Herpes Simplex Virus Type 1/Adeno-Associated Virus Hybrid Vectors
Anna Paula de Oliveira, Cornel Fraefel*
Identifiers and Pagination:Year: 2010
First Page: 109
Last Page: 122
Publisher Id: TOVJ-4-109
Article History:Received Date: 12/12/2009
Revision Received Date: 12/1/2010
Acceptance Date: 13/1/2010
Electronic publication date: 18/6/2010
Collection year: 2010
open-access license: This is an open access article licensed under the terms of the Creative Commons Attribution Non-Commercial License (http://creativecommons.org/licenses/by-nc/3.0/), which permits unrestricted, non-commercial use, distribution and reproduction in any medium, provided the work is properly cited.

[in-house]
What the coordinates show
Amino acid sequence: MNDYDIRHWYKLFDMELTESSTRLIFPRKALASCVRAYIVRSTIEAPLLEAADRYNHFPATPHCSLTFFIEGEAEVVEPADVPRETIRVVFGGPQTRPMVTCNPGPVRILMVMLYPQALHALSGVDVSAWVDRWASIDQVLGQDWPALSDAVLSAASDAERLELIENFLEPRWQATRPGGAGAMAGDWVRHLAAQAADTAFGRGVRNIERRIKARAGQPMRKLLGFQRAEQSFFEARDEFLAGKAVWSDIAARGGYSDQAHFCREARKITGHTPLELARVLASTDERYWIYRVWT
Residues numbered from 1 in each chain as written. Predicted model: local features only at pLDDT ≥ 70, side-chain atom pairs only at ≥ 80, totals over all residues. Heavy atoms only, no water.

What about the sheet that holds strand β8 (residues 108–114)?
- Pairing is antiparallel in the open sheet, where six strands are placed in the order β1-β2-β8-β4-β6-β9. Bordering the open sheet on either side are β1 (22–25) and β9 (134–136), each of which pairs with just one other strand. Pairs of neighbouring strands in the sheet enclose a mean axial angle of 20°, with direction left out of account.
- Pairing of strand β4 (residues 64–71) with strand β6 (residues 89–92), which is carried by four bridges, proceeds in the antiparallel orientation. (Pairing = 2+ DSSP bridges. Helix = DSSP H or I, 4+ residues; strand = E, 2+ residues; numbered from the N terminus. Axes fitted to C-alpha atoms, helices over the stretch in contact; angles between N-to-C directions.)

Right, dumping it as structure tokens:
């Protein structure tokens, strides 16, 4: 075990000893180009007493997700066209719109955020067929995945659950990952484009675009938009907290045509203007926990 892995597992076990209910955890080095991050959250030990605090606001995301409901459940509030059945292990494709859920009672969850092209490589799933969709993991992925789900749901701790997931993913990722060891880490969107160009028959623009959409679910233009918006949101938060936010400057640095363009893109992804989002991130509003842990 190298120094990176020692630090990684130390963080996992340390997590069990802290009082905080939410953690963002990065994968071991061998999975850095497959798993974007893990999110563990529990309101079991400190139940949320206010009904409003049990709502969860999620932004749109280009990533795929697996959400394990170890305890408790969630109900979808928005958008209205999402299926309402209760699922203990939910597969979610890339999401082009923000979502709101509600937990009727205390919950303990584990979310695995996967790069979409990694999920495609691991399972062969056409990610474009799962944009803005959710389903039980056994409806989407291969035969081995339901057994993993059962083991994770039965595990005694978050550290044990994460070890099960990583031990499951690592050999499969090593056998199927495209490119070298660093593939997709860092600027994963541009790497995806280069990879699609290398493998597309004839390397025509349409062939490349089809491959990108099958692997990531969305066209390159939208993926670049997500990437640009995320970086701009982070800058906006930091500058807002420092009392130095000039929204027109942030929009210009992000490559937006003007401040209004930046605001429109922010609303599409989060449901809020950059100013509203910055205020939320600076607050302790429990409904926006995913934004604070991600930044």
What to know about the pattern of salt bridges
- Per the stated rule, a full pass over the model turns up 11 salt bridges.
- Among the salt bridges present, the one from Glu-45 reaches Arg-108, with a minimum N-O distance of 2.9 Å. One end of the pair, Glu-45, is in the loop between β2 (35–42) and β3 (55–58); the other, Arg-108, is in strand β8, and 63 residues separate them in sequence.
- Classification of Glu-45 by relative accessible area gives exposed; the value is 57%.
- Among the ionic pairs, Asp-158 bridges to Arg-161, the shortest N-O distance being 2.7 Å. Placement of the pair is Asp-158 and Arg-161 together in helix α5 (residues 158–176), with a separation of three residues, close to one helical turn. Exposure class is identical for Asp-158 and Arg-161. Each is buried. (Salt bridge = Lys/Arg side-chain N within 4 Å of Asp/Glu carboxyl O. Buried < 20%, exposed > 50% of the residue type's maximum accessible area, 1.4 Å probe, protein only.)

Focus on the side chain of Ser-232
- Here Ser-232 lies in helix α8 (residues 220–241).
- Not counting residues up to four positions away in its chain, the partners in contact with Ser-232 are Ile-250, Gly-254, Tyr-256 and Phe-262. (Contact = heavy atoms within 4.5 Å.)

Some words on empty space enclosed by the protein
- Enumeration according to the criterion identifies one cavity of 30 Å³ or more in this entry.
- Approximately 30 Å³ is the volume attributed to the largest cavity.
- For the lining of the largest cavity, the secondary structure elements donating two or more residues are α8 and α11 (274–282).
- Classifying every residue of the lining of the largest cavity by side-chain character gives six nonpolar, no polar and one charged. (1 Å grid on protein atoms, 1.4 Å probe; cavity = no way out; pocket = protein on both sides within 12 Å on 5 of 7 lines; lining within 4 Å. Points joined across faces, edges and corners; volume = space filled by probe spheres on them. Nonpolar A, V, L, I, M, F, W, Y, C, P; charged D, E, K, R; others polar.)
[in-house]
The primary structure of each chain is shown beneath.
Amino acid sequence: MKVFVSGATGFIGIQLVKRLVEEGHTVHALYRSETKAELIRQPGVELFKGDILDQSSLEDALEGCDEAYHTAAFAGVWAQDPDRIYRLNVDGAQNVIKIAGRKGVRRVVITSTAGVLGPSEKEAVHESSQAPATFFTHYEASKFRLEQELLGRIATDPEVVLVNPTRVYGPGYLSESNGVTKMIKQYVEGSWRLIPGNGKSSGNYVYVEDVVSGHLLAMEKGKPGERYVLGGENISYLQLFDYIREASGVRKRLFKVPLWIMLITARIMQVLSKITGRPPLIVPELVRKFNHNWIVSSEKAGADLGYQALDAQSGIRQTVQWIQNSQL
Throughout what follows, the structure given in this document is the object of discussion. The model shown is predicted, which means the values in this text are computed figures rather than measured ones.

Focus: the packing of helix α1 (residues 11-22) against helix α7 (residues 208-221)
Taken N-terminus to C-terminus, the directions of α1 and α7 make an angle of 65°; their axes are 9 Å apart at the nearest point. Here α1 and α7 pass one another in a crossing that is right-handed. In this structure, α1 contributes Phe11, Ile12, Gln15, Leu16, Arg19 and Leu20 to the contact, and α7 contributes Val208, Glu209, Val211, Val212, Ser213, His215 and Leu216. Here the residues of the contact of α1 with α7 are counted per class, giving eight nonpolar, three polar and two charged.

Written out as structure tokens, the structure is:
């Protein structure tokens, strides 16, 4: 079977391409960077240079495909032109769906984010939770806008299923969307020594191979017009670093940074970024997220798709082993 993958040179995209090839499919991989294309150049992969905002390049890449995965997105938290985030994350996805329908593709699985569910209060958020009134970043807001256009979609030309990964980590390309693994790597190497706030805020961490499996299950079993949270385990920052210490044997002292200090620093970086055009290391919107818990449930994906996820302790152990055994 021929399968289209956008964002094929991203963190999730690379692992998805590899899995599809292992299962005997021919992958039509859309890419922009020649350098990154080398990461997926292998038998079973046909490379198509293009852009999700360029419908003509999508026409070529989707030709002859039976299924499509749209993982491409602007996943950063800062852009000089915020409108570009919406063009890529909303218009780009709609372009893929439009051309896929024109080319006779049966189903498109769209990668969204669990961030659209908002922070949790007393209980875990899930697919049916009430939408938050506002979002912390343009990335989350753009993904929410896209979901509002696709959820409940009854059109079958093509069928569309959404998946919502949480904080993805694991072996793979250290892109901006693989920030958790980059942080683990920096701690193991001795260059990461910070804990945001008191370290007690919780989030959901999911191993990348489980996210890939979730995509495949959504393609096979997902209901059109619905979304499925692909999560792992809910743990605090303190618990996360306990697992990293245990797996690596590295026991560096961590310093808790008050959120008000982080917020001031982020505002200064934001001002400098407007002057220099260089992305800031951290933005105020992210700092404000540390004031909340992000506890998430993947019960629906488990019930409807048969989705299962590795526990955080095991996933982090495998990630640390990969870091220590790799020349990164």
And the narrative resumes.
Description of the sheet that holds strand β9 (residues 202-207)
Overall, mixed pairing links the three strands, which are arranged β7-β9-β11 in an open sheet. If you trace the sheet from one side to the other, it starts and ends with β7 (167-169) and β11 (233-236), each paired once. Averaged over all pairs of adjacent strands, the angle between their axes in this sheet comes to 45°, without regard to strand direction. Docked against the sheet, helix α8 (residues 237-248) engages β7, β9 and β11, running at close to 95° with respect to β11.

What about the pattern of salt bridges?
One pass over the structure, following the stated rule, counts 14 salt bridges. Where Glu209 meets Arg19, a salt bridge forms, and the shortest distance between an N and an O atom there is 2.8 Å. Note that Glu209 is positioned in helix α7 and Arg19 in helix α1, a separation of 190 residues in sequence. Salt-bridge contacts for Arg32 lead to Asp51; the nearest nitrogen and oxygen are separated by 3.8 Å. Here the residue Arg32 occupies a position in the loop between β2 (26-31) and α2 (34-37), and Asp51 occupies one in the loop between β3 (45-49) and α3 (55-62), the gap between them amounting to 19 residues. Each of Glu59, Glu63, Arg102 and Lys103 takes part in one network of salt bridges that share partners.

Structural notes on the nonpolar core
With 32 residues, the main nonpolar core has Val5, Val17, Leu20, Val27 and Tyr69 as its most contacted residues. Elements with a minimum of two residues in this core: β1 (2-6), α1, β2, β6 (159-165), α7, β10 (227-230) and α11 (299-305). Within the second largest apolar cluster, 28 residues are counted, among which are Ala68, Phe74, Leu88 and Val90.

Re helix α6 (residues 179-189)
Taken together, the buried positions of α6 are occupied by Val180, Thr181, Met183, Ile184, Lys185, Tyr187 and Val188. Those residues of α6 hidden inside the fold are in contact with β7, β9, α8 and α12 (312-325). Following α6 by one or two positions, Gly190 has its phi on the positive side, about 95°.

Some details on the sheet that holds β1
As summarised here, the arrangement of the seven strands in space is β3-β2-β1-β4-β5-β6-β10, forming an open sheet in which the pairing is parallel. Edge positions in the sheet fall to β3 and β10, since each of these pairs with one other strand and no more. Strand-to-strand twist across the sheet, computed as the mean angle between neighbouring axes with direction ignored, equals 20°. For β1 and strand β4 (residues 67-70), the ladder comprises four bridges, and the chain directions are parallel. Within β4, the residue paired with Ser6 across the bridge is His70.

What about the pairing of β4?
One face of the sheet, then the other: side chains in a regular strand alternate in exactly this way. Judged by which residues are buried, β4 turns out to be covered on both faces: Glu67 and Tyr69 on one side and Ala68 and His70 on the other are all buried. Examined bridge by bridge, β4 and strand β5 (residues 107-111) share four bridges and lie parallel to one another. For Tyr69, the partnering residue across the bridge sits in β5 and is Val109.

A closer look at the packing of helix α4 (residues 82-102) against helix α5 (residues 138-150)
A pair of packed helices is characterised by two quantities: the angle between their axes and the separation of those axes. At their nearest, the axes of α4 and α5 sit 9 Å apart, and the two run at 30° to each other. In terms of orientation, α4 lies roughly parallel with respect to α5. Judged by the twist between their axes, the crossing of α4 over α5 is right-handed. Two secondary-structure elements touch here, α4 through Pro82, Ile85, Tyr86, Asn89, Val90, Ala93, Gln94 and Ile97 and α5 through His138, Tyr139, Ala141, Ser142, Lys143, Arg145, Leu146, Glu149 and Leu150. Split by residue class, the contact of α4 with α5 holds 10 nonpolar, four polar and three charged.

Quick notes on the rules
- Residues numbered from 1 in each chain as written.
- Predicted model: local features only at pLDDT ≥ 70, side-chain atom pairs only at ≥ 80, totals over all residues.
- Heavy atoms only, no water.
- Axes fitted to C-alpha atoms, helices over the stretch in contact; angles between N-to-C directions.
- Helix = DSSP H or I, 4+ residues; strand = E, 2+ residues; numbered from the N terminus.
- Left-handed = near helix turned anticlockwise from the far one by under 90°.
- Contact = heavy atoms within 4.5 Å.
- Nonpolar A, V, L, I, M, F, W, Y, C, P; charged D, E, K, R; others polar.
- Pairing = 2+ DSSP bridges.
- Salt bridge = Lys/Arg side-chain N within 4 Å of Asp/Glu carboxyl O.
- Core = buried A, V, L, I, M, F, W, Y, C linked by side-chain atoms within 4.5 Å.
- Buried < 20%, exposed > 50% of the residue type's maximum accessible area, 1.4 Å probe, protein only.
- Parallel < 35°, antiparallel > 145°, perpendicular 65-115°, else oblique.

Herpes simplex virus type 1 (HSV-1) amplicons can accommodate foreign DNA of any size up to 150 kbp and, therefore, allow extensive combinations of genetic elements. Genomic sequences as well as cDNA, large transcriptional regulatory sequences for cell type-specific expression, multiple transgenes, and genetic elements from other viruses to create hybrid vectors may be inserted in a modular fashion. Hybrid amplicons use genetic elements from HSV-1 that allow replication and packaging of the vector DNA into HSV-1 virions, and genetic elements from other viruses that either direct integration of transgene sequences into the host genome or allow episomal maintenance of the vector. Thus, the advantages of the HSV-1 amplicon system, including large transgene capacity, broad host range, strong nuclear localization, and availability of helper virus-free packaging systems are retained and combined with those of heterologous viral elements that confer genetic stability to the vector DNA. Adeno-associated virus (AAV) has the unique capability of integrating its genome into a specific site, designated AAVS1, on human chromosome 19. The AAV rep gene and the inverted terminal repeats (ITRs) that flank the AAV genome are sufficient for this process. HSV-1 amplicons have thus been designed that contain the rep gene and a transgene cassette flanked by AAV ITRs. These HSV/AAV hybrid vectors direct site-specific integration of transgene sequences into AAVS1 and support long-term transgene expression.